Social responsibilities involved in the Manchester rivalry
The rivalry between Manchester United and Manchester City is nothing novel; after all, it has lasted for 100+ years. The banter typically is instigated with City fans indicating that United is not from Manchester, referring to the circumstances surrounding the location of the stadium (Old Trafford). United fans, on the contrary, respond by stating that the club has achieved over more than 20 trophies in as many years and the history that exists within it.
However, now we see this competitiveness move into the CSR sector. We had earlier covered on several occasions the ambitions of Manchester United towards the global community since the club’s high profile sponsorship deal with Chevrolet. As a result, MUFC had achieved significant gains within the hearts of the very communities they had aided, through the joint effort, using the mantra of ‘power of play’.
City launching projects to fight social issues
Recently, their noisy neighbors had launched a series of six projects around the world, to fight social issues ranging from unemployment to gang violence to social inclusion. The club had also credited £5 to each member registered with the club via their Cityzens’ Portal to invest in to any of the six projects that inspired them most.
According to the information on the city website:
“Cityzens Giving, a brand new programme where fans have decided how projects are funded, helps young leaders in six countries use the football effect to tackle the most serious social problems in each region.”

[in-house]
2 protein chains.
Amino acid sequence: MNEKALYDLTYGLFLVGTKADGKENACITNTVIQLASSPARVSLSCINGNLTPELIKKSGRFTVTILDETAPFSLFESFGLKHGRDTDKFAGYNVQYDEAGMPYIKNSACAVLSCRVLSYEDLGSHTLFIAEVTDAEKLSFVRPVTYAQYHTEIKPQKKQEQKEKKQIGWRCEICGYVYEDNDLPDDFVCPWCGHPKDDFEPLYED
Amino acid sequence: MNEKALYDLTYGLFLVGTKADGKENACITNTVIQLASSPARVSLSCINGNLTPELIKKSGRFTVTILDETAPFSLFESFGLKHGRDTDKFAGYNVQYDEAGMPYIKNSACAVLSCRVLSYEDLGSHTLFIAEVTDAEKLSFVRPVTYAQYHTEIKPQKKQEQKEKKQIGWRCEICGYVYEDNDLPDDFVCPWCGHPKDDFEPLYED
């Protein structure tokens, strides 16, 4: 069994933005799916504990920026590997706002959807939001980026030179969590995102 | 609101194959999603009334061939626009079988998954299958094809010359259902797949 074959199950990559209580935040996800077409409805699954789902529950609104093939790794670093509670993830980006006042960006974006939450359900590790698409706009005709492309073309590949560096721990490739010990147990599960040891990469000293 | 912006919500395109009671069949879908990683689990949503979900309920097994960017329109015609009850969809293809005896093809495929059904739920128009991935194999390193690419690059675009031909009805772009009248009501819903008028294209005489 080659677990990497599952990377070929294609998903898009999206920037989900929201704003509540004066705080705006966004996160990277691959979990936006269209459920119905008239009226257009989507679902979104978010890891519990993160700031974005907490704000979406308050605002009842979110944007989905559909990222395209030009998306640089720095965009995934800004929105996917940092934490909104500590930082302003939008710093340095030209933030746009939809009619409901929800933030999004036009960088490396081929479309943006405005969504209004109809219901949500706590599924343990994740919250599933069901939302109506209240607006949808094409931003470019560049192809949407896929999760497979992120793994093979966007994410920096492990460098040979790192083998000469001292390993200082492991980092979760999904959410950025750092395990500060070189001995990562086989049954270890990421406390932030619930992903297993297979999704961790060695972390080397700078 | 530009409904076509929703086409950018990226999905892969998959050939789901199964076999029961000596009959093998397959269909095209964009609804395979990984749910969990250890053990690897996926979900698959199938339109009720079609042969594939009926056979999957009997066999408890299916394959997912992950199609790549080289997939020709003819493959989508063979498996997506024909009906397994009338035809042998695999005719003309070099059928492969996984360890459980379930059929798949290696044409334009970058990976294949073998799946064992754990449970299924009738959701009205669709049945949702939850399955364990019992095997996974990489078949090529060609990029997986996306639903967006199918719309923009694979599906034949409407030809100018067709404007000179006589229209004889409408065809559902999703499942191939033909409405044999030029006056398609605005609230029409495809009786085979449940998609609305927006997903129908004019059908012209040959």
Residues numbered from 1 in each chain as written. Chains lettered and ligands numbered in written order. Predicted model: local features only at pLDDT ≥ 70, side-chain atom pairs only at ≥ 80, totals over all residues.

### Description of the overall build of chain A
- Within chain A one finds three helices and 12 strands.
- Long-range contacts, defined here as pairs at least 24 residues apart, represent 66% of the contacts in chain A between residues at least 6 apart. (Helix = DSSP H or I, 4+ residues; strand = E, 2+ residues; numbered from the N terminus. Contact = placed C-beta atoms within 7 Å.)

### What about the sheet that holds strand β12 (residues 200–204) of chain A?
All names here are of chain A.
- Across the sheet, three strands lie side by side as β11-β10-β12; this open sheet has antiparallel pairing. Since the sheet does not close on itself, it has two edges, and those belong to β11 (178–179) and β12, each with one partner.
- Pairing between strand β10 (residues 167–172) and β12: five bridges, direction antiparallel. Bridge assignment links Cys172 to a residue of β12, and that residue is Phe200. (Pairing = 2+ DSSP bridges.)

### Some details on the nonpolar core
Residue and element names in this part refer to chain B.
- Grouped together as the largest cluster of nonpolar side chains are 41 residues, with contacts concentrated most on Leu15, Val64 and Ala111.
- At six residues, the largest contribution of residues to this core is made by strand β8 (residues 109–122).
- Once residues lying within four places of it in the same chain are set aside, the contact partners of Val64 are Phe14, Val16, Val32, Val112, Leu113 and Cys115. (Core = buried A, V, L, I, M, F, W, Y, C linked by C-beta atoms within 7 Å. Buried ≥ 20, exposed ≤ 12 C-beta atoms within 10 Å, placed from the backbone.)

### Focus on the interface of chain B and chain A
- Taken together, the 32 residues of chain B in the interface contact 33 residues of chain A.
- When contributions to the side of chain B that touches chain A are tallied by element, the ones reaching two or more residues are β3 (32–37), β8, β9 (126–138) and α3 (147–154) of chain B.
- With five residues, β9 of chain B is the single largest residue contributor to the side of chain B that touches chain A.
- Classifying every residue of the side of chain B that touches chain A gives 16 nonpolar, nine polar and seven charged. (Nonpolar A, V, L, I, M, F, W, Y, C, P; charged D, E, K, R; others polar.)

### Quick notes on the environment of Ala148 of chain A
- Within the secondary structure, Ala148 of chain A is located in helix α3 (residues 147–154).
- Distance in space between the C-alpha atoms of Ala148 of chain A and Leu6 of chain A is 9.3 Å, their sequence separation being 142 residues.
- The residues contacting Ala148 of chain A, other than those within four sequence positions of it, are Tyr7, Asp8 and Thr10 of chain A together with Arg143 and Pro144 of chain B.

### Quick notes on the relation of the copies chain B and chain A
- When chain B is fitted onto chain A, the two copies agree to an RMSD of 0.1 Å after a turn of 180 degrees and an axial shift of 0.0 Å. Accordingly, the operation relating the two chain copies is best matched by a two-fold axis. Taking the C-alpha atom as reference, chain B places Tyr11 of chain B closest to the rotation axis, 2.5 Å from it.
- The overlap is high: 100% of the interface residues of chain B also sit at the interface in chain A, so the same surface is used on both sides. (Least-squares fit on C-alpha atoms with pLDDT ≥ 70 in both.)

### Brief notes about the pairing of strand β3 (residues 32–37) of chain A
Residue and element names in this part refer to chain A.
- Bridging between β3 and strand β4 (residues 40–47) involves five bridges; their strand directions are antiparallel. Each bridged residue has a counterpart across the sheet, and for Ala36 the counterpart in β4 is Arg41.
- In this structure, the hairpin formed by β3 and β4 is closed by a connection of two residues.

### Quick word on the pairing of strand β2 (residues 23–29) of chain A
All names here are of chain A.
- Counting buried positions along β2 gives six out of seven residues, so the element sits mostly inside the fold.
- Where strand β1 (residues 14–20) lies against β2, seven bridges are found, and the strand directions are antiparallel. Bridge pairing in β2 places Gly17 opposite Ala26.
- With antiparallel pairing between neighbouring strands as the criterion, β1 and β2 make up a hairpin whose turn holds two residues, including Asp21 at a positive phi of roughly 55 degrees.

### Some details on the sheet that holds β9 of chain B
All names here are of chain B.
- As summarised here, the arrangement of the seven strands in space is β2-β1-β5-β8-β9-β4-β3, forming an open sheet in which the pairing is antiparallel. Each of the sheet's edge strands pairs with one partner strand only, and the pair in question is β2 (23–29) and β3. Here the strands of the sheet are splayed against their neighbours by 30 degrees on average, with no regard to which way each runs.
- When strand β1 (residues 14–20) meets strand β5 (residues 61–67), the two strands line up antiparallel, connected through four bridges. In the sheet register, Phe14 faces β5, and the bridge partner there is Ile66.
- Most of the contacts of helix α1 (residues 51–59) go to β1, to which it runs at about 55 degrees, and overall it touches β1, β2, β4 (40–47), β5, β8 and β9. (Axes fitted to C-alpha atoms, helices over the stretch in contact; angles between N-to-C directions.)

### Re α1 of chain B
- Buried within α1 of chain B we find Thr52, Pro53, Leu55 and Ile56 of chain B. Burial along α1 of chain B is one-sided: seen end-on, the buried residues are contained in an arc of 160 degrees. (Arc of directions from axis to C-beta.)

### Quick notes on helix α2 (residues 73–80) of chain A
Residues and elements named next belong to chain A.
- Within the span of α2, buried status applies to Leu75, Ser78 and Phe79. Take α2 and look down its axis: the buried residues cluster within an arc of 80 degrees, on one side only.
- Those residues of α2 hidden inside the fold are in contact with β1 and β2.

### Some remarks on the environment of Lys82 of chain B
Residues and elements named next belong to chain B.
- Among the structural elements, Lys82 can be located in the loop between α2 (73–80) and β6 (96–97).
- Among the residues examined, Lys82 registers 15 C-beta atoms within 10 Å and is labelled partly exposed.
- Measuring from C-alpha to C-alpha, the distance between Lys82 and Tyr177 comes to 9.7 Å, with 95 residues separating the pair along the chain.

These projects were carefully selected by a panel of internal experts in the field of sport for social change. Manchester City will aim to provide their expertise and financial assistance for each of these projects for a year, while working together with a local charity that can provide a support system, eventually making them sustainable in the longer run. Watch the below video to get a brief insight on what the club intends to achieve.
This is another example of how clubs can embark on a corporate social responsibility platform using tools already at their disposal. Both the Manchester based clubs already have a presence of some kind in the neighborhoods they had sponsored.
Rather than cutting out a check to the charity involved, both clubs continue to invest time and human resources with the intention of driving those communities forward. These programs offer far more benefit than posing as a supplier of “sustainable living”— and will eventually help increase the club’s branding, positioning and reputation in the regions.
This is one rivalry that we would like to see continue to flourish.
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